Public health departments throughout the United States are calling on the U.S. Centers for Disease Control and Prevention to reverse changes the federal agency recently made to its public coronavirus testing guidelines.
The Big Cities Health Coalition and the National Association of County and City Health Officials, which represent thousands of local departments, sent a letter Friday to the heads of the CDC and the U.S. Department of Health and Human Services requesting that the agencies reverse a decision to stop testing people who have been exposed to the virus but are asymptomatic.
The CDC had previously recommended testing for all people who had close contact with someone who tested positive for COVID-19, regardless of symptoms.
The organizations called on the government agencies to reinstate recommendations that people who have been exposed to the virus be tested even if they are asymptomatic.
In the letter, the groups say the CDC’s decision this week “costs lives and livelihoods” and that “the CDC’s own data suggest that perhaps as many as 40% of COVID-19 cases are attributable to asymptomatic transmission.”
CDC Director Robert Redfield responded to criticism over the revised guidelines by saying “testing may be considered for all close contacts of confirmed or probable COVID-19 patients.”
At least 33 states are not following the new CDC guidelines and continue to recommend testing for all people who have been exposed to COVID-19 regardless of symptoms, according to an analysis by Reuters news agency.
Separately, President Donald Trump said Thursday that the U.S. will have a vaccination for the coronavirus “before the end of the year or maybe even sooner.”
The announcement was part of Trump’s speech accepting the Republican presidential nomination, delivered from the South Lawn of the White House as part of the party’s national convention.
Experts say vaccines can sometimes take decades to develop, test, and be proved safe before they are administered to patients. However, hope has been high that a concerted international effort will produce an effective vaccine sometime next year.
“In recent months our nation and the entire planet has been struck by a new and powerful invisible enemy,” Trump told the South Lawn audience whose mostly maskless members were not sitting 2 meters apart, a measure generally practiced to slow the spread of the coronavirus. The president has rarely been seen in public wearing a mask, another practice to help stop the spread of the virus.
The United States has nearly 6 million COVID-19 cases, the most of any country, and roughly one-fifth of the world’s more than 24.7 million infections, according to Johns Hopkins University. Brazil follows the U.S. with more than 3.8 million cases, and India comes in third with more than 3.4 million.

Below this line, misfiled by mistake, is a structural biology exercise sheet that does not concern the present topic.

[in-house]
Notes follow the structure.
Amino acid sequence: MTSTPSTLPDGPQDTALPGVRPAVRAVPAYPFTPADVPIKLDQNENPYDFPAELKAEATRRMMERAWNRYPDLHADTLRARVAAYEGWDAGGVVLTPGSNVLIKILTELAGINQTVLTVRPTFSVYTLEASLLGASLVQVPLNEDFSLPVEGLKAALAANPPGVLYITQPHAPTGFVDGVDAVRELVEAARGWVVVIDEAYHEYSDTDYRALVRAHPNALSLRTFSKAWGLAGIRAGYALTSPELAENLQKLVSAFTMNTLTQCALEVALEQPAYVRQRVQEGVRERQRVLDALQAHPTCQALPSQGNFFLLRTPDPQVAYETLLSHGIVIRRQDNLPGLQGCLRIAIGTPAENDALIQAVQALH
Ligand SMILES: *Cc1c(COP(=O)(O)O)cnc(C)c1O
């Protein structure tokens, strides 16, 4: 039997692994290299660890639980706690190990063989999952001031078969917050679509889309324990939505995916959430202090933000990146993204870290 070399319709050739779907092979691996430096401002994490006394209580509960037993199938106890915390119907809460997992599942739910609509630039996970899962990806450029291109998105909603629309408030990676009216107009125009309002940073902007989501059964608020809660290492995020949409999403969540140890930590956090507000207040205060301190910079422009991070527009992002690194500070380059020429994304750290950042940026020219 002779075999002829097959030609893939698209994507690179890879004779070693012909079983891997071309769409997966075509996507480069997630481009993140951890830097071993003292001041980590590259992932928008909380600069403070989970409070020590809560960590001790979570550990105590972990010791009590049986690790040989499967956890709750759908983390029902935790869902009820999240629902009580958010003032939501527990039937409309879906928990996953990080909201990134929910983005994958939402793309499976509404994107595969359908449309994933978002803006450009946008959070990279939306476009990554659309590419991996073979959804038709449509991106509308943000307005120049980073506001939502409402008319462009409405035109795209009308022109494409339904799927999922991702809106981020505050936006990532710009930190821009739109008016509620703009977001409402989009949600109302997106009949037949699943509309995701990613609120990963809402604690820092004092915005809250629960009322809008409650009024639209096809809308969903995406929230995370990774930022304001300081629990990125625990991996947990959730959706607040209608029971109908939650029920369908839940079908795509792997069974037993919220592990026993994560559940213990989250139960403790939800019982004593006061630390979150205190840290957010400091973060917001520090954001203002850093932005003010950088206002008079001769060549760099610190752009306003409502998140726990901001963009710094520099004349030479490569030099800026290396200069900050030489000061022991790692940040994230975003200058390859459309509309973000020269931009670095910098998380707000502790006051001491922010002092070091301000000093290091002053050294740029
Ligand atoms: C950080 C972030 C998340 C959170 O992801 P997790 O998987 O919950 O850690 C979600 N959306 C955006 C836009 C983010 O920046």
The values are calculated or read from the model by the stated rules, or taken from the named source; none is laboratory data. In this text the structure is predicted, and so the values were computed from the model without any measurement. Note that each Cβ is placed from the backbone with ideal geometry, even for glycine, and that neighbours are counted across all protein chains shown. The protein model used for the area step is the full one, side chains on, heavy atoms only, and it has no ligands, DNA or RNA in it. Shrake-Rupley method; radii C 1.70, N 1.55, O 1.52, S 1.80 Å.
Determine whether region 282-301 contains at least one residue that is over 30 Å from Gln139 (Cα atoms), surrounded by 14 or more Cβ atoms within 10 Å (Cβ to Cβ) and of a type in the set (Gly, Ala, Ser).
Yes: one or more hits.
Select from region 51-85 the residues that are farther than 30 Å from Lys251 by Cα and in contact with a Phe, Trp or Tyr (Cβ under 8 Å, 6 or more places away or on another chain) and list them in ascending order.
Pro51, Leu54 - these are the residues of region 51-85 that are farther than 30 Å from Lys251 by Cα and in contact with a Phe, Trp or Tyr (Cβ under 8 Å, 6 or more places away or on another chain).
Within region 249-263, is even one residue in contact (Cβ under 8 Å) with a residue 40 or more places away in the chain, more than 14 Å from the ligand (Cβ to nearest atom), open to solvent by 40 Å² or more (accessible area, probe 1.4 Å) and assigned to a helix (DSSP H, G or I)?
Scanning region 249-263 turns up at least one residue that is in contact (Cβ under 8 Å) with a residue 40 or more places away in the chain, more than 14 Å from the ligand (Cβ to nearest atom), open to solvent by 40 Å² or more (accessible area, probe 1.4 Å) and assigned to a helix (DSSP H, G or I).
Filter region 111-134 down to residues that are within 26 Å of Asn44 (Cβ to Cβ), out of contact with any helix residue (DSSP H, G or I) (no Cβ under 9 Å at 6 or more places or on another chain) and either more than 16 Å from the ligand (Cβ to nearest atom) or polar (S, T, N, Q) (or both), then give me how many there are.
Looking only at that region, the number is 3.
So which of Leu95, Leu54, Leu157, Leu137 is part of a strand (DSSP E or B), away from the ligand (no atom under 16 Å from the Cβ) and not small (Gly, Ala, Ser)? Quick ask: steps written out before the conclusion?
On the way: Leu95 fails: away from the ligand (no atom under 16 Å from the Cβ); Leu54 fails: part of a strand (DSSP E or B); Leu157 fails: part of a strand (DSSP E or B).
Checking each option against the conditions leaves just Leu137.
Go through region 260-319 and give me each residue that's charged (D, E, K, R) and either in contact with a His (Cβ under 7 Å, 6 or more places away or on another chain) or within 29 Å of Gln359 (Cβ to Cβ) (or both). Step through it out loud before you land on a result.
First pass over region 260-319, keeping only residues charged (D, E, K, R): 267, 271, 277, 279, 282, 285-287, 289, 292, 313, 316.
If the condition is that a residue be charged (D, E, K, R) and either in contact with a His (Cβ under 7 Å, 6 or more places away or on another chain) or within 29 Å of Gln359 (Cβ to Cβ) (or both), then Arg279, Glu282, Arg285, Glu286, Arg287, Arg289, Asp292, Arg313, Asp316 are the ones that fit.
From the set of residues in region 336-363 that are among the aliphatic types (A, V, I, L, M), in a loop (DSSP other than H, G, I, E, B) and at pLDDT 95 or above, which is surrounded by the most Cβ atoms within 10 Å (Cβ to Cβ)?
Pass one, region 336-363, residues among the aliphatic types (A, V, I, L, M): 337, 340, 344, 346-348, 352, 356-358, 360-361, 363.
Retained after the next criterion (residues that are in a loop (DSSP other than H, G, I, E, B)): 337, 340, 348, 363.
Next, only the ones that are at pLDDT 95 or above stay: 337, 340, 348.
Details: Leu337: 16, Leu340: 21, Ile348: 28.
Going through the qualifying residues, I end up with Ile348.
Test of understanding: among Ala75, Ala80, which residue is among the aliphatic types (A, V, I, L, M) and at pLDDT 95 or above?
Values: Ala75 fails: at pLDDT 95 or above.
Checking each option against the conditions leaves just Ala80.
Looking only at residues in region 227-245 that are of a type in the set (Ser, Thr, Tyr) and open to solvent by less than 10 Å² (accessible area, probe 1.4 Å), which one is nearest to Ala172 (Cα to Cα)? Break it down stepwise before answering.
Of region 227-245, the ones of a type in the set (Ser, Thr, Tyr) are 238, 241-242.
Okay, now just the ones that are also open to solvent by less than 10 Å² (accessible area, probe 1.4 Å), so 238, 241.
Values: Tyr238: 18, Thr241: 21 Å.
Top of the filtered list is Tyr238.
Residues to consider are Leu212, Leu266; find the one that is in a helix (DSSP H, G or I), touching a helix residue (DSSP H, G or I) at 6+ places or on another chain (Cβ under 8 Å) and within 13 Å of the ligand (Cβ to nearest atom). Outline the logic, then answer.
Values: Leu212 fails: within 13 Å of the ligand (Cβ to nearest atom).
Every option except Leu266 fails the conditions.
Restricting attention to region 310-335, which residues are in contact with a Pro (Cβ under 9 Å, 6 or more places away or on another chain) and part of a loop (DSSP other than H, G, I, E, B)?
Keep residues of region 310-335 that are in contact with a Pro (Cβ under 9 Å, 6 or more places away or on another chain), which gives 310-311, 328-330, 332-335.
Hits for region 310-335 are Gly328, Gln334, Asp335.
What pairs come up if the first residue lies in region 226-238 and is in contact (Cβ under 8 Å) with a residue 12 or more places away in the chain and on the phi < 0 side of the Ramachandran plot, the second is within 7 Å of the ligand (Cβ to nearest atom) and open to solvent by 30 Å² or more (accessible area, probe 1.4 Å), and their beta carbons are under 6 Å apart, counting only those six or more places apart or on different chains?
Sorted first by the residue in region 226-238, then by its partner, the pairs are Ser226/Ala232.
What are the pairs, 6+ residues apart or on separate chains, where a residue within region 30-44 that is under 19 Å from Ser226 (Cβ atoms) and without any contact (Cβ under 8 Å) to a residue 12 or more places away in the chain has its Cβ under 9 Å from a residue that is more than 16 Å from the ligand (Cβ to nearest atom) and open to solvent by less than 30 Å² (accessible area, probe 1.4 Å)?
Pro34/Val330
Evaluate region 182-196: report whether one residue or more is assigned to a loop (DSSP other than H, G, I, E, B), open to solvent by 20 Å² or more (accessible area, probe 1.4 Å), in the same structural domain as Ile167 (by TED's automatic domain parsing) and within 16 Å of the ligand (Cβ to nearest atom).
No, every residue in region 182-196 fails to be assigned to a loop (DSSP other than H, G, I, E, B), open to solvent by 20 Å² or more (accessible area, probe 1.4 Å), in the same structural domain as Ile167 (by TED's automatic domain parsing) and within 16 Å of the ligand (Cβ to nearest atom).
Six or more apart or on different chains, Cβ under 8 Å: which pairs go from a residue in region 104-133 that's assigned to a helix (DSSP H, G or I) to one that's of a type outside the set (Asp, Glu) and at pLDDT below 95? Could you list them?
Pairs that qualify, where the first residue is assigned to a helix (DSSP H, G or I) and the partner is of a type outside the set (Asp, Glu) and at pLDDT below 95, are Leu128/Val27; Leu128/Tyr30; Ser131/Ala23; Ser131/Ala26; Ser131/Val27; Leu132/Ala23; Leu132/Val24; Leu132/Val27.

India said early Friday that it had recorded 77,266 new COVID-19 cases in the previous 24-hour period, the highest daily total ever recorded in the South Asian nation.
Indonesia reported more than 3,000 new coronavirus cases Friday, the biggest rise in new cases for a second consecutive day.
Europe tightened restrictive measures on Friday after a surge in coronavirus cases.
German Chancellor Angela Merkel warned the coronavirus crisis will be “more difficult” in the fall and winter.
In France, wearing masks in public became mandatory Friday for everyone in Paris. The country reported more than 7,300 new confirmed cases Friday, the most since France came out of lockdown. The daily total was close to the record of more than 7,500 cases set March 31 at the height of the initial wave of infections in France.
Spain says all children 6 years of age and up must wear masks while in school. The announcement comes just days before the beginning of Spain’s school year.
Hungary announced Friday it would close its borders to foreigners beginning September 1 in an effort to stop a rise in new coronavirus infections. Officials said Hungarians returning from abroad after that date would have to be quarantined for 14 days unless they tested negative twice for COVID-19.
Canada also extended the closure of its border to nonessential travel through September. The closure has been in effect since mid-March.
In South America, Mexico reported 5,824 new confirmed cases of COVID-19 on Friday and 552 more deaths from the disease, for a total of 585,738 and 63,146 respectively. Mexico is the third county in the world for the number of deaths.
Meanwhile, a group of South American leaders, has agreed to share information and coordinate access to any vaccine one of them might develop or acquire.
“A joint effort would bring benefits, particularly in terms of access, quantities and guaranteed prices,” Chile’s foreign minister, Andres Allamand, said after Thursday’s virtual meeting of presidents and foreign ministers.
“We in Chile are following the evolution of at least five projects, and we have been in contact with some of those laboratories and countries specifically to be able to get access to those vaccines at reasonable prices and as quickly as possible,” he said.
The total number of reported cases worldwide has now topped 24.7 million, with more than 832,000 deaths since the virus was first reported in China about nine months ago.
- Global cases top 24.7 million, with more than 832,000 deaths
- U.S. has nearly 6 million cases, Brazil more than 3.8 million and India over 3.4 million
- Mexico reported 5,824 new cases Friday and 552 more deaths; it is third in total deaths
- Indonesia reported over 3,000 new cases Friday, biggest increase for the second day
- German Chancellor Angela Merkel says crisis will be “more difficult” in fall, winter
- Hungary to close borders to foreigners September 1
- Canada extends closure of border to nonessential travel through September